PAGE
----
Last March I had the privilege of attending a meeting in Washington DC to explore the formation of the Media and Communications Policy Data Consortium, an initiative of the Social Science Research Council to facilitate and expand access to a wide range of commercial and non-commercial data sets that frequently are used in media research, policymaking, and advocacy. The Data Consortium is part of a larger project of the SSRC entitled Necessary Knowledge for a Democratic Public Sphere whose ambitious goals are both idealistic and practical. Projects launched in 2006 include the establishment of a website (the Media Research Hub) for researchers and activists. The site will host a searchable, community-updated researcher index, online project brokering, a community-filtered resource database, a collaborative grants portal, a data consortium portal, and a conference alliance portal. (It is not quite launched yet but they’re getting close.) Additionally it will host a collaborative grants program and the Data Consortium to facilitate the sharing and evaluation of commercial data (both U.S. and international), obscure or neglected public data, and orphaned data sets.
Led by Joe Karaganis of SSRC, the Data Consortium meeting was comprised of folks from the Center for Public Integrity, Media Access Project, New America Foundation, Consumer Project on Technology, and the Future of Music Coalition, as well as a few academics–researchers, students, professors and a librarian. After agreeing on our purpose (that “public policy should be made with publicly available data”) we spent a long time discussing the requirements and benefits of consortium membership and our potential constituency–academic departments and schools, associations, research centers, think tanks, advocacy organizations, and libraries–and how to reach out to them.
The Data Consortium has just been booked for a June 24 presentation of its progress at the American Library Association in Washington DC. It should be one of the more interesting programs at the conference.
Those interested in learning more about the current state of the media data access landscape, the unevenness of the playing field and solutions for grading it, should contact Philip Napoli, Associate Professor at the Graduate School of Business, Fordham University, for a copy of his soon to be published paper “Necessary Knowledge for Communications Policy: Information Inequalities and Commercial Data Access and Usage in the Policymaking Process“ (forthcoming, Federal Communications Law Journal).
ABSTRACT of Napoli paper:
Communications policymaking increasingly relies upon large-scale databases manufactured and marketed by commercial organizations. Data providers such as BIA Research, Nielsen Media Research, and Arbitron play a vital role in aggregating the data that policymakers, policy analysts, and policy advocates rely upon in policy deliberations. In many ways, these data providers supplement the limited data gathering capacity of government bodies such as the FCC and NTIA and thereby help to bring a greater quantity of relevant data to bear on policy issues than would otherwise be possible. Indeed, these data are utilized extensively by stakeholders with an interest in policy outcomes to conduct and submit studies that policymakers rely upon in their deliberations (often in lieu of conducting such research on their own).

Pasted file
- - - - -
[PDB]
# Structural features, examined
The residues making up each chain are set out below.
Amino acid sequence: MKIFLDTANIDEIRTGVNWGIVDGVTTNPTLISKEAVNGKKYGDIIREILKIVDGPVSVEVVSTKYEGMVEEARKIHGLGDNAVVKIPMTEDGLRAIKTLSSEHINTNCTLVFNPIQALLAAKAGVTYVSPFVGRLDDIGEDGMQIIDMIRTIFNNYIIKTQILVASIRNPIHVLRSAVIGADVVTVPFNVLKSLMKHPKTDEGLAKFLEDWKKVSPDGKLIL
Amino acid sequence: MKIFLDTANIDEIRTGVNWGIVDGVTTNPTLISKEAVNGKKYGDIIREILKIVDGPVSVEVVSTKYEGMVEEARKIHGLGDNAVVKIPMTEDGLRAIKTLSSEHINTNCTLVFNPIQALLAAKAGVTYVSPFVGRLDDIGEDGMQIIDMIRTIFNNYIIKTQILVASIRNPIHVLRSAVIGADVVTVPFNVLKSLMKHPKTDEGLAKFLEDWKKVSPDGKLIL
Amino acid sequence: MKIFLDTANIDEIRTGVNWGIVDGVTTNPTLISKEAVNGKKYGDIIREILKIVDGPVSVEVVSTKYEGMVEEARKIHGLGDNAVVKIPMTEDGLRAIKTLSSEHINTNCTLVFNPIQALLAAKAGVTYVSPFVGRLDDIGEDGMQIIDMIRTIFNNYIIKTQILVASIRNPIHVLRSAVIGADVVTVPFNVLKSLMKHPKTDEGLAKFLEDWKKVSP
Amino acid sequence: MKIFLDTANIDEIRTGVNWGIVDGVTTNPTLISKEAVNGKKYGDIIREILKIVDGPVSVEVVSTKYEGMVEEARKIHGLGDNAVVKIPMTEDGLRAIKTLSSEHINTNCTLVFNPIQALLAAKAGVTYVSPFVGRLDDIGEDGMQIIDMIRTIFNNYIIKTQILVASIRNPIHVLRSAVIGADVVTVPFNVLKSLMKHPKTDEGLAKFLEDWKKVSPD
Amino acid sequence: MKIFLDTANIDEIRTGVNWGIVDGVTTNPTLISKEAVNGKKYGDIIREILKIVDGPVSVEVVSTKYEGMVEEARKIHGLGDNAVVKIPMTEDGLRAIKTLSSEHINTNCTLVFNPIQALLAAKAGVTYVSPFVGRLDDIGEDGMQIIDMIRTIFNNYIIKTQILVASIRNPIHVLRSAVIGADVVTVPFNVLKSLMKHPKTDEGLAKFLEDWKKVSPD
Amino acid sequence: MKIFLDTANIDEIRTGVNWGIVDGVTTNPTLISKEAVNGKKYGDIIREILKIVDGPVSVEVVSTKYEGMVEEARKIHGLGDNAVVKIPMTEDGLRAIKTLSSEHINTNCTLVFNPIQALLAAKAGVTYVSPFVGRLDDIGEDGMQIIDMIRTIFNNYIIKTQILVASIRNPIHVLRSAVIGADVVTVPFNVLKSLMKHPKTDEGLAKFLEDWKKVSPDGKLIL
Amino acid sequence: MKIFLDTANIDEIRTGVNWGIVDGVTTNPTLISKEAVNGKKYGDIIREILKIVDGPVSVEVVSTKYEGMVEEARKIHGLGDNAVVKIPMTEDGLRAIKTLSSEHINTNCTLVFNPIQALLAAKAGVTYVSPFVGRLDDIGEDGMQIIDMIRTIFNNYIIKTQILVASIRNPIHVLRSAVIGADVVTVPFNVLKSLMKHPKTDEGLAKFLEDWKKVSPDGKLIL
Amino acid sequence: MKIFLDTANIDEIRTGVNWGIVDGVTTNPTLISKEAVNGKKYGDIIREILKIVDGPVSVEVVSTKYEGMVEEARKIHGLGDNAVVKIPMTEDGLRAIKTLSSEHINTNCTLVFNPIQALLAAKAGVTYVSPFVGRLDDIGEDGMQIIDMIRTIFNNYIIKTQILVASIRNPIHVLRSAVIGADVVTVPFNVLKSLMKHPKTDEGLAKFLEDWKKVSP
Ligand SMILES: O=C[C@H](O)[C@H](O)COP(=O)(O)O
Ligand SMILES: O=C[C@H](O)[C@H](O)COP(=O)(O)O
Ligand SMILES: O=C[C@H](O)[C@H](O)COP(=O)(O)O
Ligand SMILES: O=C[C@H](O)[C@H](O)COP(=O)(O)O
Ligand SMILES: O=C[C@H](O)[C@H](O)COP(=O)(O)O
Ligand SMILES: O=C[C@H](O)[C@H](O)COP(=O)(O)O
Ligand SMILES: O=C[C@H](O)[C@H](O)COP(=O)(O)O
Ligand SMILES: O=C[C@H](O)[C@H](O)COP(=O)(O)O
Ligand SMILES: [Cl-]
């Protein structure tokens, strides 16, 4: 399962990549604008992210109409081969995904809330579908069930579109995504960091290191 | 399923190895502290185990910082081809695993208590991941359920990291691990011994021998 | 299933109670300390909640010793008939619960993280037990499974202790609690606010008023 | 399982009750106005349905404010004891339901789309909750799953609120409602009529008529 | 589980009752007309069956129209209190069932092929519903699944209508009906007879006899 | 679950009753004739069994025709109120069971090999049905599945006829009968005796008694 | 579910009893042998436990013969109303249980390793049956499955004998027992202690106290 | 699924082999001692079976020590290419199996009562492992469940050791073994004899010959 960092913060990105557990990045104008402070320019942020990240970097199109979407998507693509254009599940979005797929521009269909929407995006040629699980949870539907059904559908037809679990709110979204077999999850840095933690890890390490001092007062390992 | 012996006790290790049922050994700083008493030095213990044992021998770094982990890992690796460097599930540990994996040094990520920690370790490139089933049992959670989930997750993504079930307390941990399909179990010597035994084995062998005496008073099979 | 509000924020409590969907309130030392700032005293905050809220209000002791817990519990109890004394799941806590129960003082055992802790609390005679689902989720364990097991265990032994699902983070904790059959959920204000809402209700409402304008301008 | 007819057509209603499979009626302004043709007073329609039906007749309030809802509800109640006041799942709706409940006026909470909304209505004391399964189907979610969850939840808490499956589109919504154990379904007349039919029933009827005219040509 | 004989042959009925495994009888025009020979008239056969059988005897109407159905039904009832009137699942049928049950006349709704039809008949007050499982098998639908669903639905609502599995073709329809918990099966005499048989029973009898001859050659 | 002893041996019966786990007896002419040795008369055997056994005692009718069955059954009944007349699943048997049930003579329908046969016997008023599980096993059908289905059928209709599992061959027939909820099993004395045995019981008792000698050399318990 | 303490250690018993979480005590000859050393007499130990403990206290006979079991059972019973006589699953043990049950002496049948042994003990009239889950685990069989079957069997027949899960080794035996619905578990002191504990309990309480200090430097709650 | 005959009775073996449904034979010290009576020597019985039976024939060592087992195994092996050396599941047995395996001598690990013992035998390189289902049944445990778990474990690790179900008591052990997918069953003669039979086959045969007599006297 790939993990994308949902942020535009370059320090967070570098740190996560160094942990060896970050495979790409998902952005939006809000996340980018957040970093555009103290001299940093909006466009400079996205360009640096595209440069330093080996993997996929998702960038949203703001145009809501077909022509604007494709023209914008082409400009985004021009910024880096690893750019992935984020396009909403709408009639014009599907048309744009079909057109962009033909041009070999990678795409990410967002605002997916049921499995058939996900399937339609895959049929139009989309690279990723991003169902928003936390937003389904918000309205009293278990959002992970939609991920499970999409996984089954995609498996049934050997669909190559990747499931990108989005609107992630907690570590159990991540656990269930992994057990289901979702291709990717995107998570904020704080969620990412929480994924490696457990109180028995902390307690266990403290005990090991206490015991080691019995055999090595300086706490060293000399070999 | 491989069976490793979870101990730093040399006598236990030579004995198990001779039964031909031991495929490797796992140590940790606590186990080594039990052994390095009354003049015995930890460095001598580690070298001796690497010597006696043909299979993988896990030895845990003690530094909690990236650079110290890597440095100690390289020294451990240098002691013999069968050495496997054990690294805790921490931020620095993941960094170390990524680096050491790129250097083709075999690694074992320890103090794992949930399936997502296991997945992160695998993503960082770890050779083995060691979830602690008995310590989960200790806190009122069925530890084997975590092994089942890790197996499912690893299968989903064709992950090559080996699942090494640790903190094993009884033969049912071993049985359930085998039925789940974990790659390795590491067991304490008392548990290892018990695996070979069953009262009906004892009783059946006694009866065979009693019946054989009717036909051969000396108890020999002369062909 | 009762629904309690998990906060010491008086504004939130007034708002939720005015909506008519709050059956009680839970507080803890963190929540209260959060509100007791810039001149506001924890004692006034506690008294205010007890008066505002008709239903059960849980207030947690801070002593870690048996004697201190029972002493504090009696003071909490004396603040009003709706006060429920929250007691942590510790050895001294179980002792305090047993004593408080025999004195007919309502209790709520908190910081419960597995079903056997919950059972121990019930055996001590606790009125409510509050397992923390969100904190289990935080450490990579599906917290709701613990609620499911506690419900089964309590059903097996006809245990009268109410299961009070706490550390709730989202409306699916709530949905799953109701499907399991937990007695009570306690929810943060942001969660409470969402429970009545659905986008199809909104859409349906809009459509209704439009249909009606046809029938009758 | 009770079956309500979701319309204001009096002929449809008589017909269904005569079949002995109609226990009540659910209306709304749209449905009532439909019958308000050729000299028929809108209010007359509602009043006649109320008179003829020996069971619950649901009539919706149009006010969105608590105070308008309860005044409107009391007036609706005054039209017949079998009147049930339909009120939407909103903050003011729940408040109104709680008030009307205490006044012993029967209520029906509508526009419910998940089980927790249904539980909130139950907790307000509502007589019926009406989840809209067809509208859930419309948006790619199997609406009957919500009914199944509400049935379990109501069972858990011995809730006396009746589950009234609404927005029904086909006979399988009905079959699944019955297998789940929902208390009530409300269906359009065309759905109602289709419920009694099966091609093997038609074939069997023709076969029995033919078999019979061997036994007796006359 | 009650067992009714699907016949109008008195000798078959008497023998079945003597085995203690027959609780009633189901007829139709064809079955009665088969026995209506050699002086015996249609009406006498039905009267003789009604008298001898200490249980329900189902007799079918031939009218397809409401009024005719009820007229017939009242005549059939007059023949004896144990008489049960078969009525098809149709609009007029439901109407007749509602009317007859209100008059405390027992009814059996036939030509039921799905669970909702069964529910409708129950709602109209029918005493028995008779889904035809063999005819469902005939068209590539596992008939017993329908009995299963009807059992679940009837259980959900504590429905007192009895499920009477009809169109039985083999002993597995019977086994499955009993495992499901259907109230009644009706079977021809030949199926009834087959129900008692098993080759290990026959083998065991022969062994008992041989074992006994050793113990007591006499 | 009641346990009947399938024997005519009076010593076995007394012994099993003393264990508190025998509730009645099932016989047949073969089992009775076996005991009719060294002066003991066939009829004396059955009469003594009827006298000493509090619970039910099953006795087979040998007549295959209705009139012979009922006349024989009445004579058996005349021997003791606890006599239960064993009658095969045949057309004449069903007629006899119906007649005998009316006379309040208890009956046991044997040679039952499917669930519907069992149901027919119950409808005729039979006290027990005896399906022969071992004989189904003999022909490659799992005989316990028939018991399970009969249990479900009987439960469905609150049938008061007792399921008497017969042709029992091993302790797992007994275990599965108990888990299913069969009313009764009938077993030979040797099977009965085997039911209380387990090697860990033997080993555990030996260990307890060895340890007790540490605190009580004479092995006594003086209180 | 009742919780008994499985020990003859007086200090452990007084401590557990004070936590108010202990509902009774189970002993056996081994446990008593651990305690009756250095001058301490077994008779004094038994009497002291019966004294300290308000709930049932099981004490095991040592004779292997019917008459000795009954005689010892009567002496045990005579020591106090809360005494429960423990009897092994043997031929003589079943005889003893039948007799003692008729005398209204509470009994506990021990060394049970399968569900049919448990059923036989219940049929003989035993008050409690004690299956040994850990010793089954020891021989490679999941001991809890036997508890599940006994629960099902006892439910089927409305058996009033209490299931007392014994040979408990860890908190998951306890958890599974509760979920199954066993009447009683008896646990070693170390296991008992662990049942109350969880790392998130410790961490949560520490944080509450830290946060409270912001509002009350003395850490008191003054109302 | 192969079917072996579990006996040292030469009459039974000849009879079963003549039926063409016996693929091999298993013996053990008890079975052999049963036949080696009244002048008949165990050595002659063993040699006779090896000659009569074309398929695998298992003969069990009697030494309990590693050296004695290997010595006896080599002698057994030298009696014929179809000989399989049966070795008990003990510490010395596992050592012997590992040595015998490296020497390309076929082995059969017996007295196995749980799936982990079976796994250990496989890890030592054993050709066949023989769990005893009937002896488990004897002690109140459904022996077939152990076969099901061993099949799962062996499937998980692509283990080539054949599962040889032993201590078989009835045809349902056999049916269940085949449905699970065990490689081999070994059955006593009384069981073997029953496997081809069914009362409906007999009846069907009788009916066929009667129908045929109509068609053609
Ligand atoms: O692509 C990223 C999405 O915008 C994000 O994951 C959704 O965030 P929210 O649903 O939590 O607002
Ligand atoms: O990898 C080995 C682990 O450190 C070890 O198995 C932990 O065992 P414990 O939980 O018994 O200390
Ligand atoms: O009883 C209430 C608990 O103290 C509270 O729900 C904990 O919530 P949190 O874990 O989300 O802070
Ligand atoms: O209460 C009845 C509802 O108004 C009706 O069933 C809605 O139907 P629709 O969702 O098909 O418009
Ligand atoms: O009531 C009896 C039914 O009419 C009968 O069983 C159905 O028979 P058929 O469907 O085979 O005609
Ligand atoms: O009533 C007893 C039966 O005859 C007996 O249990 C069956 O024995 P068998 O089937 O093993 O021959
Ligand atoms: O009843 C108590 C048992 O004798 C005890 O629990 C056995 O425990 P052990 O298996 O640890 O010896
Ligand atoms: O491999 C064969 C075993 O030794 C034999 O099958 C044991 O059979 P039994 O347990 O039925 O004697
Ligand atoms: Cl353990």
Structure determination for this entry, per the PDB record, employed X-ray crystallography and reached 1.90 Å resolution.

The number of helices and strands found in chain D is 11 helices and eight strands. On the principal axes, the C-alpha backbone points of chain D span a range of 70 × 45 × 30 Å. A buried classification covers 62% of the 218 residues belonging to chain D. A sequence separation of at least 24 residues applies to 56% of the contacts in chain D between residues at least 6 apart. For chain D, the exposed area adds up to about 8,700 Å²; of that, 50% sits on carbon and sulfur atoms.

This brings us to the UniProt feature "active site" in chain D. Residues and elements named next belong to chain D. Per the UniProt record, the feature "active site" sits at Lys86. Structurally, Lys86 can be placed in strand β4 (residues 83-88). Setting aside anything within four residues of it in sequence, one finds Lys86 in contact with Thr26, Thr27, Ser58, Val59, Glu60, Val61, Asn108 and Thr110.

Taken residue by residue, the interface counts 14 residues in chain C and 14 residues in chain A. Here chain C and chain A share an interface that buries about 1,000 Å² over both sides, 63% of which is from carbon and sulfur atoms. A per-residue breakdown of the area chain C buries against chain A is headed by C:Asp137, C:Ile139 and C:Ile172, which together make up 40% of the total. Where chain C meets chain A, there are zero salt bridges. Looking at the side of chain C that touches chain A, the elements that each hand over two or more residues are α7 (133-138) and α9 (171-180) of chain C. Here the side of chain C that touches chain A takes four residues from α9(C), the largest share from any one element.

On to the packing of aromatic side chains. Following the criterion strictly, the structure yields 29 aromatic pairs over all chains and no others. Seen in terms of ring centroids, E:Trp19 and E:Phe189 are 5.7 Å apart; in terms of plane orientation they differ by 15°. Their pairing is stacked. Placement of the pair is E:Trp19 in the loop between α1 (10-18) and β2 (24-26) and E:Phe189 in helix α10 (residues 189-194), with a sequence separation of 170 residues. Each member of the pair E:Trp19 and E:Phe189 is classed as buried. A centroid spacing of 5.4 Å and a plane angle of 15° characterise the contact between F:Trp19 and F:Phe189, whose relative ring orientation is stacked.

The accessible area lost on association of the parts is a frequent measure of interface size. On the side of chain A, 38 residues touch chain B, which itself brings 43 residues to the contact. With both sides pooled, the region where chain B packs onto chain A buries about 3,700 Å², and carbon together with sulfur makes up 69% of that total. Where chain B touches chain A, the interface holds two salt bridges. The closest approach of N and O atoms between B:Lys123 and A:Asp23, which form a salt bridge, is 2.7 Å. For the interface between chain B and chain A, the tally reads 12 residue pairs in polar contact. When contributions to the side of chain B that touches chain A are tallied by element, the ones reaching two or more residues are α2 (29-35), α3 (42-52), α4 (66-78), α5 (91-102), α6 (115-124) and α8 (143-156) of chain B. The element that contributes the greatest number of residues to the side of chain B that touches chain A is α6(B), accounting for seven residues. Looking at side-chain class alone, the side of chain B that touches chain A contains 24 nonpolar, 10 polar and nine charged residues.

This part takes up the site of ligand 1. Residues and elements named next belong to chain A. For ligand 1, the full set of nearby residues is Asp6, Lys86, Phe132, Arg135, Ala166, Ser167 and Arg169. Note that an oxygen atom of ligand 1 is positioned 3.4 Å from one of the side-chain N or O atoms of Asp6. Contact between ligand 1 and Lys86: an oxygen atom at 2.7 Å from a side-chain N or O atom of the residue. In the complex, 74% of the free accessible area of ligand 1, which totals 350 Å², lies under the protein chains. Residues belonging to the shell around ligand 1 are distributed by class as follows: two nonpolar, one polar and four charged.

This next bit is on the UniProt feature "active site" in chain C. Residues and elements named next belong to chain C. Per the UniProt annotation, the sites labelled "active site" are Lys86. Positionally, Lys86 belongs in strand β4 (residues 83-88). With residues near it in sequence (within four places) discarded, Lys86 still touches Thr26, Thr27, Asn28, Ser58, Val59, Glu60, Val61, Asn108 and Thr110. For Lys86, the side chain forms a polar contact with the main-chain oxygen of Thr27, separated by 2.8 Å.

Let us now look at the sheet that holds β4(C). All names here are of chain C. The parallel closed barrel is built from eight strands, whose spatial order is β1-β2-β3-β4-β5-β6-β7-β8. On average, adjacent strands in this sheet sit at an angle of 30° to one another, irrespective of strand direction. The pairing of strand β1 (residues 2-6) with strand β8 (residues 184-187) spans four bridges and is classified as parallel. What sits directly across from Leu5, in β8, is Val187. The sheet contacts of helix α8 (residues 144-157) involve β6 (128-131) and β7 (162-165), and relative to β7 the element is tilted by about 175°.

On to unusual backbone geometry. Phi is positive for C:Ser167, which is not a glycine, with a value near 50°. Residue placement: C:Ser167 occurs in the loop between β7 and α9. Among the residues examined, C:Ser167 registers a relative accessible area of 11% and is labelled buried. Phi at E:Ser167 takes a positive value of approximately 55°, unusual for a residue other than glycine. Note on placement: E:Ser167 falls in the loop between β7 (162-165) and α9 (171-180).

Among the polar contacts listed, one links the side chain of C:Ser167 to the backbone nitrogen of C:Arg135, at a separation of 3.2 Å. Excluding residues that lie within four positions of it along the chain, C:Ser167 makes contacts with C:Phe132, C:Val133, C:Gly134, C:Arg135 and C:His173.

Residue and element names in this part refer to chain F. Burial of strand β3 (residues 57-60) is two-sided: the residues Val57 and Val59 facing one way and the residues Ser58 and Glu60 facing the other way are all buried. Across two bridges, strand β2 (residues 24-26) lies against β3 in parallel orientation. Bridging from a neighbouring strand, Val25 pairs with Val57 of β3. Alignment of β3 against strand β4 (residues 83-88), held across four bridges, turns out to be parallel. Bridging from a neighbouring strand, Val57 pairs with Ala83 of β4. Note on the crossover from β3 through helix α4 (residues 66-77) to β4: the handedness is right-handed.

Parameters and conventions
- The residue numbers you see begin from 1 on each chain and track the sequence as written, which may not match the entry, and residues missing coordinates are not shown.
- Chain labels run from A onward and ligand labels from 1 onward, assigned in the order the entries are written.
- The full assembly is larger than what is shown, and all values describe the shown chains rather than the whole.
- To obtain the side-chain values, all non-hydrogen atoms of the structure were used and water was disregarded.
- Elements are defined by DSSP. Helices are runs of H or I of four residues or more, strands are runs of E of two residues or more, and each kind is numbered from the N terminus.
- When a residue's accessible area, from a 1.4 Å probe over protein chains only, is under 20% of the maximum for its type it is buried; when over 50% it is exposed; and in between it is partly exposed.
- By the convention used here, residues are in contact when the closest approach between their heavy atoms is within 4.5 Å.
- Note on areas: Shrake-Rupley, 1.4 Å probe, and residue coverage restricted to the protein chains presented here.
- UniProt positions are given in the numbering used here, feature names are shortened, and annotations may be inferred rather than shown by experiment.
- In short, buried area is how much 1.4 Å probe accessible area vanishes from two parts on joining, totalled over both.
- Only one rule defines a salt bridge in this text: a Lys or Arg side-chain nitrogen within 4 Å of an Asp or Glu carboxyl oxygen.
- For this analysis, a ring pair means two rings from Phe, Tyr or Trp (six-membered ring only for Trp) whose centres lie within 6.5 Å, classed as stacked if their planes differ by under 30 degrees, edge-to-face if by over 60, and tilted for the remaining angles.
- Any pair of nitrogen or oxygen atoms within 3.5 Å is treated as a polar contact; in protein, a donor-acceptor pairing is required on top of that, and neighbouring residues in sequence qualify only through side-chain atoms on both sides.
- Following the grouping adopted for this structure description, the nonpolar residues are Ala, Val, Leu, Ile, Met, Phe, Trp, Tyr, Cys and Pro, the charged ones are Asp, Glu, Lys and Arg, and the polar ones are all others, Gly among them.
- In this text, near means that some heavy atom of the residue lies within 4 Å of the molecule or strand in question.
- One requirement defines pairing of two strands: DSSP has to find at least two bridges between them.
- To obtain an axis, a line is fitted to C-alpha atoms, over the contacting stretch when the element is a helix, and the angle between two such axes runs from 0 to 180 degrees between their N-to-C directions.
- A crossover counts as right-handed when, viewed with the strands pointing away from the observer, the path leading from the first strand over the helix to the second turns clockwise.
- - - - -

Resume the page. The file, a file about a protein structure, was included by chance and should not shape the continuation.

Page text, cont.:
One unfortunate byproduct of this situation, however, is that, to the increasing extent that the data relied upon in policymaking, policy analysis, and policy advocacy are provided by commercial organizations, substantial inequalities in access to these data inevitably arise. Specifically, significant actors in the policymaking process, such as academic researchers and public interest organizations, lack the financial resources of communications firms and industry associations to gain access to the data that are vital to conducting thorough, reliable, and persuasive policy research. Policymakers themselves often find their research objectives inhibited by the enormous expense associated with the relevant large-scale commercial datasets, and thus find themselves increasingly reliant upon the analyses conducted by those stakeholder groups with the resources necessary to gain access to such data. As a result of these information asymmetries, policy decision-making is likely to suffer, as the research inputs inevitably fail to reflect the full range of considerations across the full range of interested stakeholders. This article illustrates these issues via a case study of the FCC’s 2003 media ownership proceeding and offers suggestions for how the existing disparities in access to policy-relevant data might be addressed.